The pooled analysis of the effect of DPP-4is on BNP levels yielded a difference of 0.21 pg/mL (95% CI − 2.36–2.79, P  = 0.71, I2  = 0%) and 5.17 pg/mL (95% CI − 7.48–17.82, P  = 0.42, I2  = 0%) compared to traditional antidiabetic agents (Fig. 3). The pooled analysis of the effect of DPP-4is on NT-pro-BNP levels yielded a difference of − 7.34 pg/mL (95% CI − 24.27 to 9.59, P = 0.40, I2 = 80%) and − 9.95 pg/mL (95% CI − 44.61–24.71, P  = 0.57, I2  = 84%) compared to traditional antidiabetic agents (Fig. 4). The pooled estimate of the modulating effect of DPP-4is on NT-pro-BNP was credible in the leave-1-out sensitivity analysis (WMD − 7.34 pg/mL, 95% CI − 24.27, 9.59, N  =  9 studies, heterogeneity P  = 0.395; Fig. 5). This confirmed that the significant difference across the studies was an overall effect of all the identified studies. In the subgroup analysis, baseline HbA1c, length of follow-up and BMI did not influence the effect of DPP-4is on NT-pro-BNP (Additional file 1: Figures S1–3). No publication bias was suggested by Begg’s test (P  = 0.62) or Egger’s test (P  = 0.86) across the 9 studies (Fig. 6).

Fig. 3
figure 3

Forest plot for the impact of DPP-4i treatment versus placebo and active comparators on BNP concentrations

Fig. 4
figure 4

Forest plot for the impact of DPP-4i treatment versus placebo and active comparators on NT-pro BNP concentrations

Fig. 5
figure 5

Leave-one-out sensitivity analysis for the impact of DPP-4i on plasma concentrations of NT-pro BNP

Fig. 6
figure 6

Assessment of publication bias in the meta-analysis of studies reporting the impact of DPP-4i on plasma concentrations of NT-pro BNP


The current study investigated the hypothesis that DPP-4 inhibition does not present an impact on BNP and NT-pro-BNP in T2DM. One important goal of antidiabetic agents in type 2 diabetes is to reduce cardiovascular complications and morbidity, in addition to lowering blood glucose levels. We found that DPP-4is did not significantly modulate BNP or NT-pro-BNP levels in T2DM compared to placebo or active antidiabetic agents.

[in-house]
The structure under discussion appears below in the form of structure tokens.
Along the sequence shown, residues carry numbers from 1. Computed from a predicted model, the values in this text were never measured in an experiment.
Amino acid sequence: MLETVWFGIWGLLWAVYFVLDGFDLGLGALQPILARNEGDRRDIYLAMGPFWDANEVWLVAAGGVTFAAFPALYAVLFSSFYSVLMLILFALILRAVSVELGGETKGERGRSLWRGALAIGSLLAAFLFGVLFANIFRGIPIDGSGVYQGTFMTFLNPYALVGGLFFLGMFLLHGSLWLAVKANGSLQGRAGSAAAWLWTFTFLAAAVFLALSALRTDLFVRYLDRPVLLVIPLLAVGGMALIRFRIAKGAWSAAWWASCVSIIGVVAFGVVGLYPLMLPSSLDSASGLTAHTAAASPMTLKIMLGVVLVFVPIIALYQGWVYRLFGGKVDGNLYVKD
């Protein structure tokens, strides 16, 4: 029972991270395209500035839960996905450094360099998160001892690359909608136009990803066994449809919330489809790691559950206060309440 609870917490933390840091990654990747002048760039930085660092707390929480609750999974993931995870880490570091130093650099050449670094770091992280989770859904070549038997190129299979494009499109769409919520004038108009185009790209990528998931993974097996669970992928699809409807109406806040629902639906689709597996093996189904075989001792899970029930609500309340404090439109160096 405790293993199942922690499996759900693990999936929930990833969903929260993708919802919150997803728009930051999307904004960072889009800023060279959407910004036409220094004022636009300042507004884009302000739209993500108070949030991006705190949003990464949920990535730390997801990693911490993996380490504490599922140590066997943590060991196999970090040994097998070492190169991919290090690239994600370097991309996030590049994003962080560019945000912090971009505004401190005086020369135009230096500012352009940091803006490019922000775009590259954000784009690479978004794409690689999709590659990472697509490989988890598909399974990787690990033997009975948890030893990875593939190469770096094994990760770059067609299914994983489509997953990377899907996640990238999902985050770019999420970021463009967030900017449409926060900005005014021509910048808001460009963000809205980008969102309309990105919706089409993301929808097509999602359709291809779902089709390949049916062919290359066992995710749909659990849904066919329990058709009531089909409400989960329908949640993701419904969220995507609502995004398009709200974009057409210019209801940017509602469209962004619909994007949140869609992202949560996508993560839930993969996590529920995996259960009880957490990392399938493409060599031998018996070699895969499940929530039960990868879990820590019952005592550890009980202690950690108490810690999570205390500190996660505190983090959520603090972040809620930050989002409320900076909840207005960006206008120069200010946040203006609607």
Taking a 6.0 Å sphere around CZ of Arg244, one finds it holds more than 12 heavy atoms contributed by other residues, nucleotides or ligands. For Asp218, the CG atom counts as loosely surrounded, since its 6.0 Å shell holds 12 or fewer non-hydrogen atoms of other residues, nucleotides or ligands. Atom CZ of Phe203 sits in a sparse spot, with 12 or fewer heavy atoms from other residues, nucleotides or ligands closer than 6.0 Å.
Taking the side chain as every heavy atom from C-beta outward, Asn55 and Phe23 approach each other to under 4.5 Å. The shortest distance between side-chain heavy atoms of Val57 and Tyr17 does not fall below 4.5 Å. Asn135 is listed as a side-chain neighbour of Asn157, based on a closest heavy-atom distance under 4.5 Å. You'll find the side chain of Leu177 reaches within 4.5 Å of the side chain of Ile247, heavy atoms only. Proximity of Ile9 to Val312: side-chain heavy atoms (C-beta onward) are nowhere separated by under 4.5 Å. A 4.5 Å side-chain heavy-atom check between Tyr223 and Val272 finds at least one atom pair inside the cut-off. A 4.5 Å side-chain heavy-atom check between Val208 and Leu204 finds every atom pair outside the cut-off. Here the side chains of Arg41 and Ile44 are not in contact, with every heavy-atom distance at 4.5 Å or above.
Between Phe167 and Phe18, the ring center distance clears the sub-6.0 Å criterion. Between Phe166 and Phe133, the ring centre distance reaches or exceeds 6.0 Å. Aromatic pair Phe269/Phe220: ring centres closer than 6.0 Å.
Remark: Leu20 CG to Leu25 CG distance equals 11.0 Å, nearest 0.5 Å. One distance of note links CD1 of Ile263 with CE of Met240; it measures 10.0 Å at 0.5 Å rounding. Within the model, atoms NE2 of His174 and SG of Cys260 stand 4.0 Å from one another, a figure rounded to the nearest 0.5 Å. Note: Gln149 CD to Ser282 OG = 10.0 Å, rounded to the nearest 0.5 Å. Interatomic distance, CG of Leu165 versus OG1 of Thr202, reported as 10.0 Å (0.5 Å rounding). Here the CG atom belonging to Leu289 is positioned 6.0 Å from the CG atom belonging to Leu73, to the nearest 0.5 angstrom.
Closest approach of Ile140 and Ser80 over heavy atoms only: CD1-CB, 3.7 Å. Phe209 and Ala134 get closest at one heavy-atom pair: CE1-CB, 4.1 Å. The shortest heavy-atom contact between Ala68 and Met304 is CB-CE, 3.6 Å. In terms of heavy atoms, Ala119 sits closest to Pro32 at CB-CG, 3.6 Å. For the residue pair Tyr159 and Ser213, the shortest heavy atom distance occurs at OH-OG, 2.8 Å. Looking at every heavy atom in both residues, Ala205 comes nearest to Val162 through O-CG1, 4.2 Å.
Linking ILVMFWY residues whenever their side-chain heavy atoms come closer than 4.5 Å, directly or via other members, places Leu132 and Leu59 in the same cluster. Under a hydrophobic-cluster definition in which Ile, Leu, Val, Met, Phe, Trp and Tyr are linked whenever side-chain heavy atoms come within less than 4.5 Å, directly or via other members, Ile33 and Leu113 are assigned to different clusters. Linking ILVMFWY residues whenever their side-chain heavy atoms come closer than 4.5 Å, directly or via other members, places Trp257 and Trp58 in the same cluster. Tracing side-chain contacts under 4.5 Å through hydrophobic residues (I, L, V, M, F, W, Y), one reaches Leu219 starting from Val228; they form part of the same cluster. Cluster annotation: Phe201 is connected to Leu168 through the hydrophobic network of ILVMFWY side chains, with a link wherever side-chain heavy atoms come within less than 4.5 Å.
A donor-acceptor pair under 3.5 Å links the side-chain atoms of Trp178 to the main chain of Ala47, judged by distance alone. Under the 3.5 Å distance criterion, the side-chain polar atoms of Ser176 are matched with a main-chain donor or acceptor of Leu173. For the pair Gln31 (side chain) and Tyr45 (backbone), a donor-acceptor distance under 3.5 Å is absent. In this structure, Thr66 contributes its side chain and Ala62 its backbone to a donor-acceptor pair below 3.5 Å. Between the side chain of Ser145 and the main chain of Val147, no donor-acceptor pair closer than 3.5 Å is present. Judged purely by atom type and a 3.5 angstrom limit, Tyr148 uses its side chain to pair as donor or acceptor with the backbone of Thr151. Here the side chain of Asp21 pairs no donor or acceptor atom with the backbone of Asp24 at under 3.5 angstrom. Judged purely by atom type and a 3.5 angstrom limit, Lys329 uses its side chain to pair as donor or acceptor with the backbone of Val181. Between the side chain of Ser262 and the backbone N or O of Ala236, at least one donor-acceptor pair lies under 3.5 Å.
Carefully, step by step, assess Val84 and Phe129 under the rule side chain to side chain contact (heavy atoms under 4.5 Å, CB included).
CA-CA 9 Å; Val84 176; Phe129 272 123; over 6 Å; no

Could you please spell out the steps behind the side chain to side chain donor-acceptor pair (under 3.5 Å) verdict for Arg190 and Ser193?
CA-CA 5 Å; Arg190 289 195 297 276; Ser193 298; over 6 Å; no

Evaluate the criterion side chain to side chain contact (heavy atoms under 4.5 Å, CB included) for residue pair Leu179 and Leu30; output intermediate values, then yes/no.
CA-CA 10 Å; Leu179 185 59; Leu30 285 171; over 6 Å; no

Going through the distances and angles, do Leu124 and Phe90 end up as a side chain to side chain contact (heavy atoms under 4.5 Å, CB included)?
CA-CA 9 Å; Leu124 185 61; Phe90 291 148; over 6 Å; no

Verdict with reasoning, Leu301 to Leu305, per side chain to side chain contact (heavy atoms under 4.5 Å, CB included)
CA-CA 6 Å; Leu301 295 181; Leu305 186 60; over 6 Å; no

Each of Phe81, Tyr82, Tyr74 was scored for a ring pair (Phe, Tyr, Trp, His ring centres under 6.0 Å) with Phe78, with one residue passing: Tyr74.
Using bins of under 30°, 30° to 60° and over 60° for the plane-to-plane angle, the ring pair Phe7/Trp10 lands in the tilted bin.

BNP belongs to the natriuretic peptide family, which also includes atrial natriuretic peptide (ANP) and C-type natriuretic peptide (CNP). BNP binds to its receptor of natriuretic peptide type A receptor and exhibits a variety of actions, including vascular vasodilation and inhibition of renin secretion [19]. BNP is quickly metabolized to BNP 3–32 by DPP-4 in the plasma, which can be prevented by DPP-4is [20]. Under physiological conditions, plasma levels of BNP are low but increase in the pathophysiological state of heart failure. Administration of recombinant BNP effectively reduces afterload and exhibits a favorable effect on promoting natriuresis [21]. BNP can inhibit collagen synthesis and promote matrix metalloproteinase (MMP) activity through cGMP-PKG signaling, suggesting a role in regulating myocardial structure by modulating cardiac fibroblast function [22]. Plasma BNP activity seems to be absent in congestive heart failure [23]. It has been reported that BNP activity is modulated by DPP-4 in diabetic subjects with heart failure. DPP-4 activity is relatively high in patients with heart failure and thus modulates the pathophysiology of heart failure by acting on its substrate [24]. In fact, DPP-4 rapidly cleaves BNP 1–32 to produce BNP 3–32, and the latter shows reduced activity in modulating urinary sodium excretion and urine flow. However, the exact biological activity of BNP 3–32 remains uncertain. The two major subtypes of BNP in the plasma are BNP 1–32 and BNP 3–32, while we evaluated the change of total BNP levels before and after intervention in this study. Further studies will be needed to accurately determine the modulating effect of DPP-4is on different subtypes of BNP. DPP4-deficient rat models showed better cardiac performance, with a decrease in infarct size and cardiac injury biomarkers of BNP [25]. In another study, DPP-4 inhibition with vildagliptin or sitagliptin did not increase or decrease BNP levels in patients with T2DM [37].